Astronaut study gives voice to people with disabilities

April 3, 2017
Testing by Portuguese company LusoVu of the eye tracking technology used in EyeSpeak glasses to help ill and disabled people with speech impairments to communicate. Credit: LusoVu

When his father was diagnosed with a debilitating disease four years ago, it sparked Ivo Vieira into developing a novel means of communication for people coping with extreme limitations, building on technology originally explored to help ESA astronauts in space.

Amyotrophic lateral sclerosis – ALS – and other forms of gradually rob sufferers of their muscular function, including the ability to communicate verbally. However, eye movement presents an opportunity because it usually remains unimpaired.

"We had been working on augmented reality for astronauts since 2005, so when my father was diagnosed I had the idea of exploiting it to improve his life with a new mobile communication system," said Ivo Vieira, CEO of LusoSpace.

This ESA effort led LusoSpace to produce its first pair of in 2008 and then to set up the LusoVu company to develop them for the disabled.

EyeSpeak glasses detect the movement of the eyes across a virtual keyboard displayed on the inside of its lenses. Words and phrases spelled out by the wearer are translated by the built-in software and spoken by speakers in one arm.

The glasses can also let the user navigate the Internet, watch videos and access emails privately, as only the user sees what is being projected inside the lens. However, as the digital information is overlaid on the lens, users can still see what is going on around them.

An ESA study identified technologies that could be inserted into a pair of glasses to help astronauts during space walks. Credit: ESA/LusoSpace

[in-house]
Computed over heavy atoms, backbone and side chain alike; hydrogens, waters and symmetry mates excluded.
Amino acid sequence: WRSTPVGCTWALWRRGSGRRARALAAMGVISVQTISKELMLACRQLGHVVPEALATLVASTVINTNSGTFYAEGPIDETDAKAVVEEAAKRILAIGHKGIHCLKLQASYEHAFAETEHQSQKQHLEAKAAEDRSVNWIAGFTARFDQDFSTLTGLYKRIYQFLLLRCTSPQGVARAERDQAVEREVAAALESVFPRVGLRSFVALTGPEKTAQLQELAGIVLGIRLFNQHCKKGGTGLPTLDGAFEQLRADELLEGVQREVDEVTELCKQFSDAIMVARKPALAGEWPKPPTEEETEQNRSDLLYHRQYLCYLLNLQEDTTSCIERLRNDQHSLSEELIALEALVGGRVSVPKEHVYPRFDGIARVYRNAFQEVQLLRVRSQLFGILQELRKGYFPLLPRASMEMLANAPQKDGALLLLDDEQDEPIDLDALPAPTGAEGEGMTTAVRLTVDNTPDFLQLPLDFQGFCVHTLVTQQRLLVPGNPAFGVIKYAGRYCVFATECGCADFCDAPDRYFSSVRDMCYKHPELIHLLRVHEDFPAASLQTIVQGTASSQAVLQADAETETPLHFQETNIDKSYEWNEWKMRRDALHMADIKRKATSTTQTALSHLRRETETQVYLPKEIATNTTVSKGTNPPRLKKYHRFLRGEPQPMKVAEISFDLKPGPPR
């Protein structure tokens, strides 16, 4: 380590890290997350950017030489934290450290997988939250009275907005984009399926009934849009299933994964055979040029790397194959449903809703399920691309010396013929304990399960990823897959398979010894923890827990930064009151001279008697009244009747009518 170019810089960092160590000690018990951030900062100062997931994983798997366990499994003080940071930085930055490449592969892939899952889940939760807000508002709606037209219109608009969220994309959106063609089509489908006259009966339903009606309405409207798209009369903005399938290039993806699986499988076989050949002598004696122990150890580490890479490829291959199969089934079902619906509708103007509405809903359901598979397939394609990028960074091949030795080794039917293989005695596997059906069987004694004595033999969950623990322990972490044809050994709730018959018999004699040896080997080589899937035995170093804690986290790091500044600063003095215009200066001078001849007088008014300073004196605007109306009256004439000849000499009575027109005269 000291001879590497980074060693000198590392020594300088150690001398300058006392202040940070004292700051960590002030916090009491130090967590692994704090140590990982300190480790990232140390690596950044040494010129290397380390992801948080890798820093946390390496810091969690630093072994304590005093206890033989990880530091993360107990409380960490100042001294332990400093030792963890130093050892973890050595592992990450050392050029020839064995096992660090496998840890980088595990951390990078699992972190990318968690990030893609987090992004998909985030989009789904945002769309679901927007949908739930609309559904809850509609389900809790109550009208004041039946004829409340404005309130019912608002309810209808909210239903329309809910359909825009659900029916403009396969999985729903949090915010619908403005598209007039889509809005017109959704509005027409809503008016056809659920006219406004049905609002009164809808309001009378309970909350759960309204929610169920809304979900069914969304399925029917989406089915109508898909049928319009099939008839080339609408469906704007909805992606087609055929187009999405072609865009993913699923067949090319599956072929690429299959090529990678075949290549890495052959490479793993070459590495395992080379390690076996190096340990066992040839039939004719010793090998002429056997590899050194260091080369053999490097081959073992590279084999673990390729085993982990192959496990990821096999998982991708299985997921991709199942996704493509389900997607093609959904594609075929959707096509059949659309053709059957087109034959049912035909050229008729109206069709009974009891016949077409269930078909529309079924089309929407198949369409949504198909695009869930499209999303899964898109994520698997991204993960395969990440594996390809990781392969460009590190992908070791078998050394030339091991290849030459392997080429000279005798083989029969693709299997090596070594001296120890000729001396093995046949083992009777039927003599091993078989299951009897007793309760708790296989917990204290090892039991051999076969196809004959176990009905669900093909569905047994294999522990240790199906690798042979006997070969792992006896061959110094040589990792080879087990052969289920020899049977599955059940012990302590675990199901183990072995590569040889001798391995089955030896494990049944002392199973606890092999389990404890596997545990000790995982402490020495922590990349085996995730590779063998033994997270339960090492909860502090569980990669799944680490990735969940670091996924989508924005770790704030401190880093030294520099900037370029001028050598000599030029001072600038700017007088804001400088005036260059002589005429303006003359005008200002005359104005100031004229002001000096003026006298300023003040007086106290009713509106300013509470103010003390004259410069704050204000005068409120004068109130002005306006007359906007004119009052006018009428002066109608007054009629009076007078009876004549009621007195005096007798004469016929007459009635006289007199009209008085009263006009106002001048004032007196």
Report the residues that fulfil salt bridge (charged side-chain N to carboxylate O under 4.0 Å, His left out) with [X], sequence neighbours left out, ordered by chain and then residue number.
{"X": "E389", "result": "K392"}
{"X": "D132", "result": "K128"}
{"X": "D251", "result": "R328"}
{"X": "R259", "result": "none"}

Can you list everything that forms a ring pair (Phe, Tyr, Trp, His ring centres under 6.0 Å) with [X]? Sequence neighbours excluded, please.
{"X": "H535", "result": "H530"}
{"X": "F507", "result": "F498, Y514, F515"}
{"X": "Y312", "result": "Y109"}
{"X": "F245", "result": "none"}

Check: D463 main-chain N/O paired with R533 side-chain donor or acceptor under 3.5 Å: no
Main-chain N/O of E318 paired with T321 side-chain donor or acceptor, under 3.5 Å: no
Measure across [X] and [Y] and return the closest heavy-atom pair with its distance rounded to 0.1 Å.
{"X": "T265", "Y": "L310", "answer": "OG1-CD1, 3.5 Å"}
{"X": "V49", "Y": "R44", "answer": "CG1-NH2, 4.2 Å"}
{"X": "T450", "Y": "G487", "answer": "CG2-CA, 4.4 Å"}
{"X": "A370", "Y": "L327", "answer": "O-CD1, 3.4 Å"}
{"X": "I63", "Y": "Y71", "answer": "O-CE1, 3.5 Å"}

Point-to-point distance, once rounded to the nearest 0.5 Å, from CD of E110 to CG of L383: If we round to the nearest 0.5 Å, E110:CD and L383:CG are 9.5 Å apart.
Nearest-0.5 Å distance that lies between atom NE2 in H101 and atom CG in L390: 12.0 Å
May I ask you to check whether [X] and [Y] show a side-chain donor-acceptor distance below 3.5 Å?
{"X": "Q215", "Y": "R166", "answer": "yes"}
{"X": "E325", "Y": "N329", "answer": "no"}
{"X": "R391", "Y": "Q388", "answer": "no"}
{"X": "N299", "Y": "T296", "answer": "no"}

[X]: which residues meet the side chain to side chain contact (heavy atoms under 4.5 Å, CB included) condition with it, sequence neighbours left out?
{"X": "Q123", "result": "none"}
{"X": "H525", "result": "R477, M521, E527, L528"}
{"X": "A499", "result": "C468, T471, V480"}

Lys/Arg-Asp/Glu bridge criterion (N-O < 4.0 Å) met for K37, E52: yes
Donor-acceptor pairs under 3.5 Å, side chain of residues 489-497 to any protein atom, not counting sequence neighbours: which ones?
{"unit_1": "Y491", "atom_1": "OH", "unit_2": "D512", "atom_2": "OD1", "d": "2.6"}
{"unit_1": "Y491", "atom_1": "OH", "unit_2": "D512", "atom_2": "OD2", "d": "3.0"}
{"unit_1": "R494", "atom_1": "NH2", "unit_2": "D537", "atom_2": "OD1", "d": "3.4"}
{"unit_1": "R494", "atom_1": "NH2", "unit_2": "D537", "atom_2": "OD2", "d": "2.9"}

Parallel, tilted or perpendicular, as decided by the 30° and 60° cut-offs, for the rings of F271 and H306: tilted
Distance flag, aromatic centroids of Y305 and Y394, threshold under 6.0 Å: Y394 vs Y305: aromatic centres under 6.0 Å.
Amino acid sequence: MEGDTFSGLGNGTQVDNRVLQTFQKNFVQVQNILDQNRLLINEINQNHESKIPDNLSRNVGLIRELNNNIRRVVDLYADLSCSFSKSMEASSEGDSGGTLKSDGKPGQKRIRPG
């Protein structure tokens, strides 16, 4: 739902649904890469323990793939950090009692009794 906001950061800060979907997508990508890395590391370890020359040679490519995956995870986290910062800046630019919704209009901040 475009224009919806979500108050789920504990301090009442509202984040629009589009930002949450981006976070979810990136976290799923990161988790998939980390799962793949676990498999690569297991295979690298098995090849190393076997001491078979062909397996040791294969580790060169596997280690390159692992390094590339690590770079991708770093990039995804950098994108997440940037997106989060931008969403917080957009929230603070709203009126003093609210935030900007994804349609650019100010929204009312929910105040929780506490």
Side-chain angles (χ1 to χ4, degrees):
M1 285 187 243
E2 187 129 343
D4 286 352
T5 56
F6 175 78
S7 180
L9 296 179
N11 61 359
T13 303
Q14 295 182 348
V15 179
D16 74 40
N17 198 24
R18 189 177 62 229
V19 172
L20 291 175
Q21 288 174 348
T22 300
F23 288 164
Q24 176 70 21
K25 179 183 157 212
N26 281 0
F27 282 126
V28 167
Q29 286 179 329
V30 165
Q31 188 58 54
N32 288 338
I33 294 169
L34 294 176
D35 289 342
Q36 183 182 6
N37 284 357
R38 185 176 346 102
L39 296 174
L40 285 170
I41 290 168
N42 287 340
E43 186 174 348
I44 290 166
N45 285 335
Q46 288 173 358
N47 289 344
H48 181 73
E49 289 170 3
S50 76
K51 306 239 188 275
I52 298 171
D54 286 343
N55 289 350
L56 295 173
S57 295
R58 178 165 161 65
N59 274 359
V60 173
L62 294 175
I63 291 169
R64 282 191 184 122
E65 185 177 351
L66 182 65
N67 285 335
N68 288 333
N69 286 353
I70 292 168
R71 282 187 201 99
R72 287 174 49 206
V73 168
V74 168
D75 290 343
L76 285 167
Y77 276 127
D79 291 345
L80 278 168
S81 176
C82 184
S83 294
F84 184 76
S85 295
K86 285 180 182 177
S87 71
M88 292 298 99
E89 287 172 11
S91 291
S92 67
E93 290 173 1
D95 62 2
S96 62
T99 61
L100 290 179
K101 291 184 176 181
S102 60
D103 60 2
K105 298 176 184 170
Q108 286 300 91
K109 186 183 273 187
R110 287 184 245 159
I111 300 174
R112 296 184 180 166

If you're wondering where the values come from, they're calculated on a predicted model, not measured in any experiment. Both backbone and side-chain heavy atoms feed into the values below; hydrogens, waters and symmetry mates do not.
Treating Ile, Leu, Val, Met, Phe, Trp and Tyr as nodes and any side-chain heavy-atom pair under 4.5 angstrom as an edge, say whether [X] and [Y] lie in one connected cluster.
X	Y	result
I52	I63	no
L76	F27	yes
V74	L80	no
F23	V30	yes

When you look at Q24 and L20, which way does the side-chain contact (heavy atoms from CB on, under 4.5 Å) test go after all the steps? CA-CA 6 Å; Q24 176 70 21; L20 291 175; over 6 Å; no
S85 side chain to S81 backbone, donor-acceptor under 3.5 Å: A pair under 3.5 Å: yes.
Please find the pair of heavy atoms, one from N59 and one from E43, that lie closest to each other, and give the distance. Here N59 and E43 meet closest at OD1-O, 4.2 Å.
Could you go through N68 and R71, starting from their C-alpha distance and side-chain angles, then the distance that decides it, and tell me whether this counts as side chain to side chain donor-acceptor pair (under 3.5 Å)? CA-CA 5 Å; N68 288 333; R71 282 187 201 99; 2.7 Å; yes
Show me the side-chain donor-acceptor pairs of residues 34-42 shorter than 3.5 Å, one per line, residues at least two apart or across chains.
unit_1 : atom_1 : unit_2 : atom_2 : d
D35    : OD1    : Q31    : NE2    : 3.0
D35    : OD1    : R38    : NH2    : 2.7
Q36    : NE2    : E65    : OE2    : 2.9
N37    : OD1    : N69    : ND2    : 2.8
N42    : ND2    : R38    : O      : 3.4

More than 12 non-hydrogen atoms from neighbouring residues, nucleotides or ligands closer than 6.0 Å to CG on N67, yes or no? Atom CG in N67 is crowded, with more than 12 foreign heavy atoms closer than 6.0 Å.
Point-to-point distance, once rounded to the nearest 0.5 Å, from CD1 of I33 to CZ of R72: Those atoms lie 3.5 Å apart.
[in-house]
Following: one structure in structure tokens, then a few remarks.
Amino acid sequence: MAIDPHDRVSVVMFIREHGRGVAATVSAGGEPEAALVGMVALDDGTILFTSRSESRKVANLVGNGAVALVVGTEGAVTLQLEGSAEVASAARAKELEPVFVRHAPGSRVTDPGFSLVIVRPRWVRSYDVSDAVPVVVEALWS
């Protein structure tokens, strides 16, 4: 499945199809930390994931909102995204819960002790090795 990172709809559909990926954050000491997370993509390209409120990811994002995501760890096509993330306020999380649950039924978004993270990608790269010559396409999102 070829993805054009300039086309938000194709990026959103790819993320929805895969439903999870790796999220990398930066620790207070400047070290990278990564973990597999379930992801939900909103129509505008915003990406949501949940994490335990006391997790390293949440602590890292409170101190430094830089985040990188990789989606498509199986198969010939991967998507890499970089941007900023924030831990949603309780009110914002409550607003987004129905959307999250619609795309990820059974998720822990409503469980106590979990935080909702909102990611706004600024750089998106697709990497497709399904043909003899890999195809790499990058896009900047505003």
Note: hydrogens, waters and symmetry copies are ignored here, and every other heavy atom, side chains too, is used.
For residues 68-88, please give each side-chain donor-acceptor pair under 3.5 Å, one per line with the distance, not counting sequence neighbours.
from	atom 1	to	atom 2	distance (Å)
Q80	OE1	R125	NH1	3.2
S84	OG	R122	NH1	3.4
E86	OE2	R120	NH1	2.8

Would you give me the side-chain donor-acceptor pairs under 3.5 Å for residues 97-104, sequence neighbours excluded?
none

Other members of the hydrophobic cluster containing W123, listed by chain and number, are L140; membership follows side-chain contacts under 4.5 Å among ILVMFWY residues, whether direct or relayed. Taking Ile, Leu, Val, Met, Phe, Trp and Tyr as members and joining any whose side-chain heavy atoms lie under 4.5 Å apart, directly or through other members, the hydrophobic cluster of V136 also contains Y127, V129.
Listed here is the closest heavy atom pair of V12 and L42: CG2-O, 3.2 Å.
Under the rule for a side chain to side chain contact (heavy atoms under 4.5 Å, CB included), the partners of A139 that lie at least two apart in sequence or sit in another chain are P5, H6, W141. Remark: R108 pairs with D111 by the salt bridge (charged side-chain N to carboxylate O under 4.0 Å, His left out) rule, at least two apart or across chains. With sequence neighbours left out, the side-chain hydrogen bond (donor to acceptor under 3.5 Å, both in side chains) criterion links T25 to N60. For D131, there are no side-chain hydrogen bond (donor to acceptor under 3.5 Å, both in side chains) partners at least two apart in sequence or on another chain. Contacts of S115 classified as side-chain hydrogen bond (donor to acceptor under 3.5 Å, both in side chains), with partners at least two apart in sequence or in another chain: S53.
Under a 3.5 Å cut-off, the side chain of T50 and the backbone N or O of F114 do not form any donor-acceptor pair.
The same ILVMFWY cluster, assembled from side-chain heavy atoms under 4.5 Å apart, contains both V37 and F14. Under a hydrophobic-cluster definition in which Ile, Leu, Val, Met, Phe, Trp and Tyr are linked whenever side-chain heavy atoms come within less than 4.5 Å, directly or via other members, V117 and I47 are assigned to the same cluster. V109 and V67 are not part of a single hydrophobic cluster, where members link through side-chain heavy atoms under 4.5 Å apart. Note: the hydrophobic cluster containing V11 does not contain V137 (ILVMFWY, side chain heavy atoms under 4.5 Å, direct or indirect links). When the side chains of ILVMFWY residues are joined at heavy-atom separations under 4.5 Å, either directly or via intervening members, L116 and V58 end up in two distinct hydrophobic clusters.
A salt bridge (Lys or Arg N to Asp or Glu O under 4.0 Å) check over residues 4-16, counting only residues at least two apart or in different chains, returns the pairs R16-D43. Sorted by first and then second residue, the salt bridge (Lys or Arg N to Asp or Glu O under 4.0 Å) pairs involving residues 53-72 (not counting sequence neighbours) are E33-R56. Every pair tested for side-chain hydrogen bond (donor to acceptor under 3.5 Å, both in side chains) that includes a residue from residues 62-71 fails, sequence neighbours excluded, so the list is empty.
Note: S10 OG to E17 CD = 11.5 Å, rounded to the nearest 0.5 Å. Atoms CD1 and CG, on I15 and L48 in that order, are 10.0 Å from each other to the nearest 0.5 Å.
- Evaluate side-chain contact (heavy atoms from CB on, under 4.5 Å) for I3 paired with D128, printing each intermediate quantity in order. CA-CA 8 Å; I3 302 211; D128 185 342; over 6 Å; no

"This is the first such device that is standalone and can be used in any location and physical position, regardless of the orientation of the wearer's head," noted Teresa Nicolau, EyeSpeak specialist.

Visualisation tools for astronauts

EyeSpeak is a direct spin-off from the work LusoSpace did for an ESA study on visualisation tools for astronauts.

"At that time astronauts had only relatively rudimentary systems available during spacewalks, with a written checklist on their arm and voice communications with ground controllers," explained ESA's João Pereira do Carmo.

"We wanted to explore the many technologies becoming available that could be used to give them real-time, important information directly in their field of view."

Help to people with extreme mobility and communication limitations

Credit: LusoVu

Initial developments were followed by a Kickstarter campaign in 2014, which resulted in 45 EyeSpeak prototype units in 2015. The current EyeSpeak 1, which went on sale in March 2016, is based on a pair of Epson BT-200 AR glasses with an add-on unit of a microphone, speakers and a tiny camera controlled by a microprocessor unit. It comes either with a standard synthesised voice or the owner's voice based on previously made recordings.

"Everything about developing EyeSpeak was a challenge," reported Teresa. "A key thing was ensuring that the initial set-up was not lost, so it was specially designed to stay fixed on the user's head, allowing them to use it independently straight away once someone has put it on for them and turned it on.

"It was also important that it could be used in any lighting conditions, including outside and near windows, so we have optional filter lenses that can be added, as well as a corrective lens holder."

It typically takes two weeks to learn the system when practising for an hour a day. One user said it offers 'empowerment and joy'. An ALS advocate noted that it 'gives people back their independence and their human right to communicate freely'.